2019 Rolls-Royce Phantom vs. 2018 Bentley Flying Spur

Detailed Review, Specifications & Comparison

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2019 Rolls-Royce Phantom

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Safety

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The Phantom’s pre-crash front seatbelts will tighten automatically in the event the vehicle detects an impending crash, improving protection against injury significantly. The Flying Spur doesn’t offer pre-crash pretensioners.

The Phantom has standard power remote child safety locks to prevent children from opening the rear doors (the driver can activate them and deactivate them from the front seat). The Flying Spur doesn’t offer child safety locks.

The Phantom has standard whiplash protection, which use a specially designed headrest to protect the driver and front passenger from whiplash. During a rear-end collision, the whiplash protection system moves the headrests forward to prevent neck and spine injuries. The Flying Spur doesn’t offer a whiplash protection system.

The Phantom has a standard Light Braking Function, which uses forward mounted sensors to warn the driver of a possible collision ahead. If the driver doesn’t react and the system determines a collision is imminent, it automatically applies the brakes at full-force in order to reduce the force of the crash or avoid it altogether. The Flying Spur doesn't offer collision warning or crash mitigation brakes.

The Phantom has standard PostCrash, which automatically apply the brakes in the event of a crash to help prevent secondary collisions and prevent further injuries. The Flying Spur doesn’t offer a post collision braking system: in the event of a collision that triggers the airbags, more collisions are possible without the protection of airbags that may have already deployed.

An active infrared night vision system standard on the Phantom helps the driver to more easily detect people, animals or other objects in front of the vehicle at night. Using an infrared camera and near-infrared lights to detect heat, the system then displays the image on a monitor in the dashboard and even aims one of the vehicle’s headlights in the direction of the person or object. The Flying Spur doesn’t offer a night vision system.

The Phantom’s lane departure warning system alerts a temporarily inattentive driver when the vehicle begins to leave its lane. The Flying Spur doesn’t offer a lane departure warning system.

The Phantom has a standard Panoramic View to allow the driver to see objects all around the vehicle on a screen. The Flying Spur only offers a rear monitor and front and rear parking sensors that beep or flash a light. That doesn’t help with obstacles to the sides.

The Phantom’s blind spot warning system uses digital cameras monitored by computer to alert the driver to moving objects in the vehicle’s blind spots where the side view mirrors don’t reveal them. The Flying Spur doesn’t offer a system to reveal objects in the driver’s blind spots.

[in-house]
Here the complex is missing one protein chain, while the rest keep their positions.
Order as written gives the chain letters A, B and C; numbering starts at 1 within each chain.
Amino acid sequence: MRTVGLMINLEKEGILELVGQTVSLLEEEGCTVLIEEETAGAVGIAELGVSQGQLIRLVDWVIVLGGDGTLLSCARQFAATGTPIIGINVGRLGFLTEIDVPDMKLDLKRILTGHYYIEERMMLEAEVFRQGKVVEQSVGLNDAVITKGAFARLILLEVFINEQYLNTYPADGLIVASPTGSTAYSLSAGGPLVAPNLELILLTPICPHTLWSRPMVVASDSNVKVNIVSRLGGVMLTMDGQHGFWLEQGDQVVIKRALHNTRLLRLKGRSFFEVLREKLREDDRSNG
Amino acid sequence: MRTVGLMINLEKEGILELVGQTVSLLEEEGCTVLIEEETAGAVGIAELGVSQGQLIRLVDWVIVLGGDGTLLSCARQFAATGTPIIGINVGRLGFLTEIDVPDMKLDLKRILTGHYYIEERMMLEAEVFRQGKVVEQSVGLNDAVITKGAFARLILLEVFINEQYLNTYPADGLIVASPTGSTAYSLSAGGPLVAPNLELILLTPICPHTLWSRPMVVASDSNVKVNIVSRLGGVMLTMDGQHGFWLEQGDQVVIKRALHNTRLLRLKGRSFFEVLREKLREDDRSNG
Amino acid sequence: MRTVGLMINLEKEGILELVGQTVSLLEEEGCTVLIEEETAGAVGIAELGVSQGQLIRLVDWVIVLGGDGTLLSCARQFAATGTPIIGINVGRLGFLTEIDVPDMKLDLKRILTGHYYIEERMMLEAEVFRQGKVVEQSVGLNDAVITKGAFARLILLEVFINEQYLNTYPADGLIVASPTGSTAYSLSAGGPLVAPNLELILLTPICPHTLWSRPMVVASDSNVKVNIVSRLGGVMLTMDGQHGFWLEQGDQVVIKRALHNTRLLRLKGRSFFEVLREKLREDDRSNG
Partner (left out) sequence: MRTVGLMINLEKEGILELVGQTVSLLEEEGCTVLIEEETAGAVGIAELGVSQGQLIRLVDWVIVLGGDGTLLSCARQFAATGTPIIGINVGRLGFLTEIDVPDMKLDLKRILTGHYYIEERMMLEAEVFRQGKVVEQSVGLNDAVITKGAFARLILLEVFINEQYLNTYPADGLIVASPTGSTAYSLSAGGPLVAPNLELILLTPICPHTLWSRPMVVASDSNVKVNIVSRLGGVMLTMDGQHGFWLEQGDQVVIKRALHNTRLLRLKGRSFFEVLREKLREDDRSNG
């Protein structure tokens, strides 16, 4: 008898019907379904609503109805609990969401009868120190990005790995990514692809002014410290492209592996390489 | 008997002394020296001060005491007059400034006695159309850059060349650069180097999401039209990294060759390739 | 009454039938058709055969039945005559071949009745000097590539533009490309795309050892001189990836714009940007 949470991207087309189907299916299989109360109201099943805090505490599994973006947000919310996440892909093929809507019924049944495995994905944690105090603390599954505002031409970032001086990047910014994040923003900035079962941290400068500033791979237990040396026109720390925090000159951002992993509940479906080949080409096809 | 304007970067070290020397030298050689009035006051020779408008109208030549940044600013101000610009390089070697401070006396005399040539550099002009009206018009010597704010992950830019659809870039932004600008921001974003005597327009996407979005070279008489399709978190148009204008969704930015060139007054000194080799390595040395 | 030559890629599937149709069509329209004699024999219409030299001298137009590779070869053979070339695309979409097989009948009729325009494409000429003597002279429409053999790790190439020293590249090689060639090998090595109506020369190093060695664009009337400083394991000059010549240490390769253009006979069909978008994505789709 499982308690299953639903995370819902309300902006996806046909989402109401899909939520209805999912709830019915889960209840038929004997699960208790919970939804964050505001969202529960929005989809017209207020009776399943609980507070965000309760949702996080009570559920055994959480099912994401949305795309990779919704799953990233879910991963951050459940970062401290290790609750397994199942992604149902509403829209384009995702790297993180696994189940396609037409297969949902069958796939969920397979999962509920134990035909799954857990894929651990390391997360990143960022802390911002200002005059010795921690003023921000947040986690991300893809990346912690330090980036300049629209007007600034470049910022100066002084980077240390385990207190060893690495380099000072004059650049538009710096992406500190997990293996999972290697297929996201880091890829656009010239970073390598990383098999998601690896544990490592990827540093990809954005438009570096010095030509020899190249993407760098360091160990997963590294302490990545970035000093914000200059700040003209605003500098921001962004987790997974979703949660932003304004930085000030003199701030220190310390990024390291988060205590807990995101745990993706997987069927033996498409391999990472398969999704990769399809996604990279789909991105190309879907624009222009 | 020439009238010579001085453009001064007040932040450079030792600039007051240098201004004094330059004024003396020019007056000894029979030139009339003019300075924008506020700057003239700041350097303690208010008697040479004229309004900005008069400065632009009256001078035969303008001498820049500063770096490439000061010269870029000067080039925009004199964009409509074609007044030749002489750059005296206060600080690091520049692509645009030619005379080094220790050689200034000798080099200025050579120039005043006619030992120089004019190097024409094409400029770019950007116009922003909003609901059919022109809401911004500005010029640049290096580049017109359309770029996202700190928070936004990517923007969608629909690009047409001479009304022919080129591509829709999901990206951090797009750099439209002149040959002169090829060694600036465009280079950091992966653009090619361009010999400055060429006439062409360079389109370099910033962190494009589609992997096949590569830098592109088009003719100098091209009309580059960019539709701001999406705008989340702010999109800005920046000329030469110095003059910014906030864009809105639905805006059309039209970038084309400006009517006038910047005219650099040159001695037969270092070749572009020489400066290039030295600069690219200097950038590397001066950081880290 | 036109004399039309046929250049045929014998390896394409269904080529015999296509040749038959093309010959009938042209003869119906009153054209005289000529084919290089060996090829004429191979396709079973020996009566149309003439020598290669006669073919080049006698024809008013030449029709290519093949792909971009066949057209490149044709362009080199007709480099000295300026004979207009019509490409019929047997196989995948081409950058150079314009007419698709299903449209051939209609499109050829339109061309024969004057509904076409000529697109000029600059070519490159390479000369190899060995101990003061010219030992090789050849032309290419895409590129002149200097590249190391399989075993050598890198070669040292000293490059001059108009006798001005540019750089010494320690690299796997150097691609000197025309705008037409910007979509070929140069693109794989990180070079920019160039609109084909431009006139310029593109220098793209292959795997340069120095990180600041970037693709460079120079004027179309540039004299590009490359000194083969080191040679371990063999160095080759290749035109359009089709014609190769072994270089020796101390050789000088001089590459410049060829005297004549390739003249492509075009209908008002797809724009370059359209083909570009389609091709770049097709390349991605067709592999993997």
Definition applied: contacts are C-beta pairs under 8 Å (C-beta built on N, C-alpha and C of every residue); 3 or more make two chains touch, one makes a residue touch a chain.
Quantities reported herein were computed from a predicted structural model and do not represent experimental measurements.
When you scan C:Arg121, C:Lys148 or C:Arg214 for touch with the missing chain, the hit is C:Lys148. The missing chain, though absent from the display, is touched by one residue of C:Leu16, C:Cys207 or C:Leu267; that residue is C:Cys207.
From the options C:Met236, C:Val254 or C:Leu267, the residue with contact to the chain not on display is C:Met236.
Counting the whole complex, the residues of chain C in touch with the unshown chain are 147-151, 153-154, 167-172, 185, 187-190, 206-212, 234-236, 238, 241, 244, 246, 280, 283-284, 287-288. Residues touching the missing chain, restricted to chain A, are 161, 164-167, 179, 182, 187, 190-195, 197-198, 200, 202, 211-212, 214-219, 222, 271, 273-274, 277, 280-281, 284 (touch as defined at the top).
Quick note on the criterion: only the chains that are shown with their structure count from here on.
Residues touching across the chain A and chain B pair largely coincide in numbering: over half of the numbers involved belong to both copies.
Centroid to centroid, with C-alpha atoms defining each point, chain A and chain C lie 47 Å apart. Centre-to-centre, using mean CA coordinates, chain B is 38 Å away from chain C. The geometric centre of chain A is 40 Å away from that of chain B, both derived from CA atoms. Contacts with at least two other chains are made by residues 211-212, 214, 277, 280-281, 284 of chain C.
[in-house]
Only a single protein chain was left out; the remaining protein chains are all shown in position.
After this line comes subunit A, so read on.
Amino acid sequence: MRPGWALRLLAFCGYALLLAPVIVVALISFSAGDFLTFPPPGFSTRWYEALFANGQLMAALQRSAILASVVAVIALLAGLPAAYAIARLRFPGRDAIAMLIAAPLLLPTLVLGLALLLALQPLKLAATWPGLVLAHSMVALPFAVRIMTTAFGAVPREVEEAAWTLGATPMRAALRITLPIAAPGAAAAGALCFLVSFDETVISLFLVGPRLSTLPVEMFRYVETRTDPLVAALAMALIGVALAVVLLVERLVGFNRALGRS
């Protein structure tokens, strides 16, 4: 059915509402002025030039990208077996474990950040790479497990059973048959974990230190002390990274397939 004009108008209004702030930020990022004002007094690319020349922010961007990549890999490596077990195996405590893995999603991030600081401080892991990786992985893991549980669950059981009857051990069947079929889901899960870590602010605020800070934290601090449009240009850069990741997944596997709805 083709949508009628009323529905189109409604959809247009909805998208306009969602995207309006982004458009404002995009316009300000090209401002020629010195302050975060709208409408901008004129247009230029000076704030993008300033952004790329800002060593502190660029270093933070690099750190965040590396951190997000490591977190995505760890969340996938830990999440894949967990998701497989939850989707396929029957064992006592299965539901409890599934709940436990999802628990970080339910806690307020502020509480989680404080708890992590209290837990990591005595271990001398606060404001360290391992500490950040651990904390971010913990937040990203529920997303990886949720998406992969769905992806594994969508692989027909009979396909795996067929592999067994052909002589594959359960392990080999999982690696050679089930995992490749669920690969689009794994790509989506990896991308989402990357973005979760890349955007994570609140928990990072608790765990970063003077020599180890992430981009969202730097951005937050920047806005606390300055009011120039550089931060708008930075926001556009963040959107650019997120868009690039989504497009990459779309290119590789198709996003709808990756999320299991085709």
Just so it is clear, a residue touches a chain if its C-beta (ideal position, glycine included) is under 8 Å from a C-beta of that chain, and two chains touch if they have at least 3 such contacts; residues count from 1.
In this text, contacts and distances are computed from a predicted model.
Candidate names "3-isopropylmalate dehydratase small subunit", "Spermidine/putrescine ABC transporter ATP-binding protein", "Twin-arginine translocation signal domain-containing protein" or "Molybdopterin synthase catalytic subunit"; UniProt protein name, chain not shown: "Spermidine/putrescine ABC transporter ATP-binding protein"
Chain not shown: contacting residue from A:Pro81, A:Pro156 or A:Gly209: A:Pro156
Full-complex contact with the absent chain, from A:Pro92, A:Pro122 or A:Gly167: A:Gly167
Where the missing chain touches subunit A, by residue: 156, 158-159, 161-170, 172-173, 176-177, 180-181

To help make backing safer, the Phantom’s cross-path warning system uses wide-angle radar in the rear bumper to alert the driver to vehicles approaching from the side, helping the driver avoid collisions. The Flying Spur doesn’t offer a cross-path warning system.

The Phantom’s driver alert monitor detects an inattentive driver then sounds a warning and suggests a break. According to the NHTSA, drivers who fall asleep cause about 100,000 crashes and 1500 deaths a year. The Flying Spur doesn’t offer a driver alert monitor.

The Phantom has standard Rolls Royce Assist, which uses a global positioning satellite (GPS) receiver and a cellular system to remotely unlock your doors if you lock your keys in, help track down your vehicle if it’s stolen or send emergency personnel to the scene if any airbags deploy. The Flying Spur doesn’t offer a GPS response system, only a navigation computer with no live response for emergencies, so if you’re involved in an accident and you’re incapacitated help may not come as quickly.

Both the Phantom and the Flying Spur have standard driver and passenger frontal airbags, front side-impact airbags, driver knee airbags, side-impact head airbags, front and rear seatbelt pretensioners, four-wheel antilock brakes, traction control, electronic stability systems to prevent skidding, daytime running lights and front and rear parking sensors.

Warranty

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The Phantom comes with a full 4-year/unlimited-mile basic warranty, which covers the entire car and includes 24-hour roadside assistance. The Flying Spur’s 3-year/unlimited-mile basic warranty expires 1 year sooner.

The Phantom’s corrosion warranty is 1 year longer than the Flying Spur’s (4 vs. 3 years).

Rolls-Royce pays for scheduled maintenance on the Phantom for 4 years and unlimited miles. Rolls-Royce will pay for oil changes, lubrication and any other required maintenance. Bentley doesn’t pay scheduled maintenance for the Flying Spur.

Engine

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The Phantom’s 6.8 turbo V12 produces 63 more horsepower (563 vs. 500) and 177 lbs.-ft. more torque (664 vs. 487) than the Flying Spur V8’s standard 4.0 turbo V8. The Phantom’s 6.8 turbo V12 produces 42 more horsepower (563 vs. 521) and 162 lbs.-ft. more torque (664 vs. 502) than the Flying Spur V8 S’ standard 4.0 turbo V8. The Phantom’s 6.8 turbo V12 produces 74 lbs.-ft. more torque (664 vs. 590) than the Flying Spur W12’s standard 6.0 turbo 12 cyl. The Phantom’s 6.8 turbo V12 produces 59 lbs.-ft. more torque (664 vs. 605) than the Flying Spur W12 S’ standard 6.0 turbo 12 cyl.